Lastly, the artwork also can be considered relational. This form of participatory art can be defined as “art that takes as its theoretical horizon the sphere of human interactions and its social context rather than the assertion of an autonomous and private symbolic space” (Bourriaud, 1998). Normally, reading a book is mostly a solo activity. But here, the activity is shared by people. The way the artwork is set up allows for this to happen. Being out in public makes reading parts of the books a shared experience, the viewer can do it together with the rest of the audience. It allows them to talk about certain sections of a book or poem that interested them. This is especially evident at night when the audience is allowed inside the borders of the artwork to flip through the books which makes it an even more public activity that others can still watch and it can be done together with other audience members.
A completely mundane activity is now becoming art and a collaborative activity with others. Reading the books has become creative and the viewer has become engaged in a life-artistic activity. Seeing Literature vs. Traffic as a relational kind of participatory art largely contributes to the meaning of the artwork as wanting to create attention for literature, since it connects people by making them read and talk about the books on the streets.
The meaning created through participatory art
The meaning of Literature vs. Traffic is created and supported by participatory art features in the artwork. This article has viewed the artwork from the overarching perspective that is participatory art in its entity and a few more detailed perspectives. It was concluded that it uses the three concerns that are often used in participatory art, especially by Debord. This consists of giving the authorship to the audience, creating some kind of community, and activating the audience. All of these are apparent in the artwork and give meaning to the artwork. Moving the books and taking them home, helps to activate people and gives them more meaning since it does what this artwork is meant to do: trying to give more attention to literature. The authorship is shifted since the meaning has changed because of the audience attending and moving the books and a community is created by encouraging people to talk about literature. Diving into the more specific perspective of activism shows us another meaning of the artwork, and makes it even more participatory. The silent protest against traffic, pollution, and the dirt that comes with it, is meant to surprise passers-by who did not mean to get involved with this artwork in any way but are involved especially when they get surprised by how clean and quiet it is by putting the artwork in this space. The relational perspective has shown that the activity of reading a book does not just have to be a solo activity that is meant to be done behind closed doors and can be a collaborative activity in public too. Making it something collaborative makes room for literature in society again since it allows people to talk about it together. The relational aspect supports the meaning of making room for fiction. Together, these overarching and more specific perspectives of participatory art make the meaning of Literature vs. Traffic created by Luzinterruptus.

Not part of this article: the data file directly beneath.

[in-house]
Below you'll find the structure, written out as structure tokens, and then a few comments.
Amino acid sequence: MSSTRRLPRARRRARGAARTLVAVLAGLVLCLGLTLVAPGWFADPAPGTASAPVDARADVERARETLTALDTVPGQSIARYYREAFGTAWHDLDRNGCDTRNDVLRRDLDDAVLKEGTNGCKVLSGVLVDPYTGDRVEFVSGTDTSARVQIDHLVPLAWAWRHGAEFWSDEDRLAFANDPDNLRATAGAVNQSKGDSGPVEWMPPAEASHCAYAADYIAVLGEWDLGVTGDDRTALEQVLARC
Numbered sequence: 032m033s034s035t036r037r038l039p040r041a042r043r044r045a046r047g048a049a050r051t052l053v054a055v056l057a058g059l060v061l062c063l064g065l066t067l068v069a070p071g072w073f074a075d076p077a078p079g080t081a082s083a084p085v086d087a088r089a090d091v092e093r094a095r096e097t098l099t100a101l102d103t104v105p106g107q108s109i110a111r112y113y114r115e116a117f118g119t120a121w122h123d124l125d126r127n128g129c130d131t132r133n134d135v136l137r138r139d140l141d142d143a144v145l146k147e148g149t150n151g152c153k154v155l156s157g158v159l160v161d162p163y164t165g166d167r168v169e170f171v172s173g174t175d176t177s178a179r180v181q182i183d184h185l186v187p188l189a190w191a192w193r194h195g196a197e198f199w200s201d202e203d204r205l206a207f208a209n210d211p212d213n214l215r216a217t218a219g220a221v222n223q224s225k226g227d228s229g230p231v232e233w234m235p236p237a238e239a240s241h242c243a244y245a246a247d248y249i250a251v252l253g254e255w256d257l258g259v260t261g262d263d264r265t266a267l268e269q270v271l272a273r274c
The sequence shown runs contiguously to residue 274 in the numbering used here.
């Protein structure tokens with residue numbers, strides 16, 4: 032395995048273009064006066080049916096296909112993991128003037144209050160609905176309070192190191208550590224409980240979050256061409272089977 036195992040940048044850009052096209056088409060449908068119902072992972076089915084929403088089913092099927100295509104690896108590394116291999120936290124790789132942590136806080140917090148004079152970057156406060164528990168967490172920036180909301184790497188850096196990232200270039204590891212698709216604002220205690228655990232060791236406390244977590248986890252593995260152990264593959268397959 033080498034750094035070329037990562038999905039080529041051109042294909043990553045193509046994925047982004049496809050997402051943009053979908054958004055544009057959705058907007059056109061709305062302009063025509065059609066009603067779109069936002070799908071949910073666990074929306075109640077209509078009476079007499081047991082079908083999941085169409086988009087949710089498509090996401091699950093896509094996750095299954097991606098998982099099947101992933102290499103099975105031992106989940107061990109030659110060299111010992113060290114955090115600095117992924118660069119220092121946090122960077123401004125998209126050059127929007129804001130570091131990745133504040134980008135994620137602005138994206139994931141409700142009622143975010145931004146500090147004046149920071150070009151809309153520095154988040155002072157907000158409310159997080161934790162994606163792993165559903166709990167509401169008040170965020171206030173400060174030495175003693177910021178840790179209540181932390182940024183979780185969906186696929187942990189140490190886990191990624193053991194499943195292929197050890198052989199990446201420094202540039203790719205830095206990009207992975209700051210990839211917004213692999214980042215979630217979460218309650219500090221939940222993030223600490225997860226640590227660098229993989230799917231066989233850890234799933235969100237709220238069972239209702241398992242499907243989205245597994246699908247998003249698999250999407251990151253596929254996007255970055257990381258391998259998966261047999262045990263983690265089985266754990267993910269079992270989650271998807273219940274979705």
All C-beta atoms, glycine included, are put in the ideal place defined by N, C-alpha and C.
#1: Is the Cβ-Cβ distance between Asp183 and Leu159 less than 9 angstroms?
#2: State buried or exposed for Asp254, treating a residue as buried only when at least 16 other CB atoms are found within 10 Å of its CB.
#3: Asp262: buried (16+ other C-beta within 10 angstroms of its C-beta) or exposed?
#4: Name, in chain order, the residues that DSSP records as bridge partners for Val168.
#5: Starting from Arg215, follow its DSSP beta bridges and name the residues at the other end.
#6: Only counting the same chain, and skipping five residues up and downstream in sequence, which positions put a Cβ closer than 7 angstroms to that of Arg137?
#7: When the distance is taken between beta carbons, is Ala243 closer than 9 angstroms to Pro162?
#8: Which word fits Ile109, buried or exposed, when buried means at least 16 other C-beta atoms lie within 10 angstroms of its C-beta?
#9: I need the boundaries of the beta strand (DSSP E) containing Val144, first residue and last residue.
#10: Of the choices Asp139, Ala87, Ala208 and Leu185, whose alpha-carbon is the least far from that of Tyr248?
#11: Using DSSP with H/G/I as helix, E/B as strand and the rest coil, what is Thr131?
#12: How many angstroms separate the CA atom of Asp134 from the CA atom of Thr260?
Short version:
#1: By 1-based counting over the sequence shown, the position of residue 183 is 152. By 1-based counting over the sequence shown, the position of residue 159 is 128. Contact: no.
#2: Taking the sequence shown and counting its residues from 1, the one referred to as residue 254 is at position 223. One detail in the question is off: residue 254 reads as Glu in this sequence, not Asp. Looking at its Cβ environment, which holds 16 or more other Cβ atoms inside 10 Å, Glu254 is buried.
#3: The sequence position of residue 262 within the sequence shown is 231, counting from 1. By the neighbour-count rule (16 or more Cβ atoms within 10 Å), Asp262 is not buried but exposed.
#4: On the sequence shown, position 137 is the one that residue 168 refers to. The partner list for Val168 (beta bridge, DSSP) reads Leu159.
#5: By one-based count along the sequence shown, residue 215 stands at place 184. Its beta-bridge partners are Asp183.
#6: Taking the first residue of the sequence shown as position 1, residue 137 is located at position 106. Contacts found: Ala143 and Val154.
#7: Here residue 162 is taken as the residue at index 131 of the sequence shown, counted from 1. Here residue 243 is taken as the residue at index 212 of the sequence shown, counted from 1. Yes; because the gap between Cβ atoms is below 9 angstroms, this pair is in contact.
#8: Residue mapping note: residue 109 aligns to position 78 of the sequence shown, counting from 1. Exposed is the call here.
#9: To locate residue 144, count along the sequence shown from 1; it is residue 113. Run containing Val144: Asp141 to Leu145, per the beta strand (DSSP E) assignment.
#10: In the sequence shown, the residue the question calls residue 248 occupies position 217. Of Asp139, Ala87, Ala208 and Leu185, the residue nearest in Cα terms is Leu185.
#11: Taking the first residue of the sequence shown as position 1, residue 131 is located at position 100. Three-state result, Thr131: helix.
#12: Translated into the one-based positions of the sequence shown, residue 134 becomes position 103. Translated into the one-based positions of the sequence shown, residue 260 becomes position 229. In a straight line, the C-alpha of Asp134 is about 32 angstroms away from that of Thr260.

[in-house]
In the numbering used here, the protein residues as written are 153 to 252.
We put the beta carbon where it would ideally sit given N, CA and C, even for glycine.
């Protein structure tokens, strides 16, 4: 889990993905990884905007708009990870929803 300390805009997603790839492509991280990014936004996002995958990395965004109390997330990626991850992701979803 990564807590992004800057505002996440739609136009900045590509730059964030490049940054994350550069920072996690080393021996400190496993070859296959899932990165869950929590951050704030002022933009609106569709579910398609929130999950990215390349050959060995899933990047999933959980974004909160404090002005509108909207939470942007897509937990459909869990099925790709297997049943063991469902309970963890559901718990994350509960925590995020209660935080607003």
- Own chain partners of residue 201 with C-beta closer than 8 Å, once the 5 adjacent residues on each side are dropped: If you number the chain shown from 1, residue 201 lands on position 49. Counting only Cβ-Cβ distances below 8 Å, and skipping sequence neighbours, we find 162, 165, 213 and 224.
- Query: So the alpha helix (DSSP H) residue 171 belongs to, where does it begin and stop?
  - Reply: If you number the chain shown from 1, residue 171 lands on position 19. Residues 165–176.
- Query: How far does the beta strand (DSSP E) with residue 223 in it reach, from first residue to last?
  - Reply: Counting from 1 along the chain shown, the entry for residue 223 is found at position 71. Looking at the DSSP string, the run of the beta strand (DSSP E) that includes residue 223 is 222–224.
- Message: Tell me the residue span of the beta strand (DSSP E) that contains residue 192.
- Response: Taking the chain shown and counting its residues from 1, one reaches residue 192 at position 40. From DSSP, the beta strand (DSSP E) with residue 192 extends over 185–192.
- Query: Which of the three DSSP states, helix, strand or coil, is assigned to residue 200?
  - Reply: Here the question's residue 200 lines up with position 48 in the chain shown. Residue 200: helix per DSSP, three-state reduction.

Bishop, C. (2006). Introduction // Viewers as Producers. In Bishop C. (Ed.) Participation [Ebook]. (pp. 10-17)
Bourriaud, N. (1998) Relational Aesthetics. In Bishop, C. (Ed.) Participation [Ebook]. (pp. 160-171)
Debord, G. (1957). Towards a Situationist International. In Bishop C. (Ed.) Participation [Ebook]. (pp. 96-101)
Groys, B. (2008) A Genealogy of Participatory Art. (pp. 24-28)
Jenkins, H., Ito, N. & Boyd, D. (2015). Participatory culture in a networked era : a conversation on youth, learning, commerce, and politics. Polity Press. (pp. 1-31.)
Opening ILFU: Literature vs Traffic • ILFU. (n.d.). https://ilfu.com/agenda/opening-ilfu-literature-vs-traffic-eng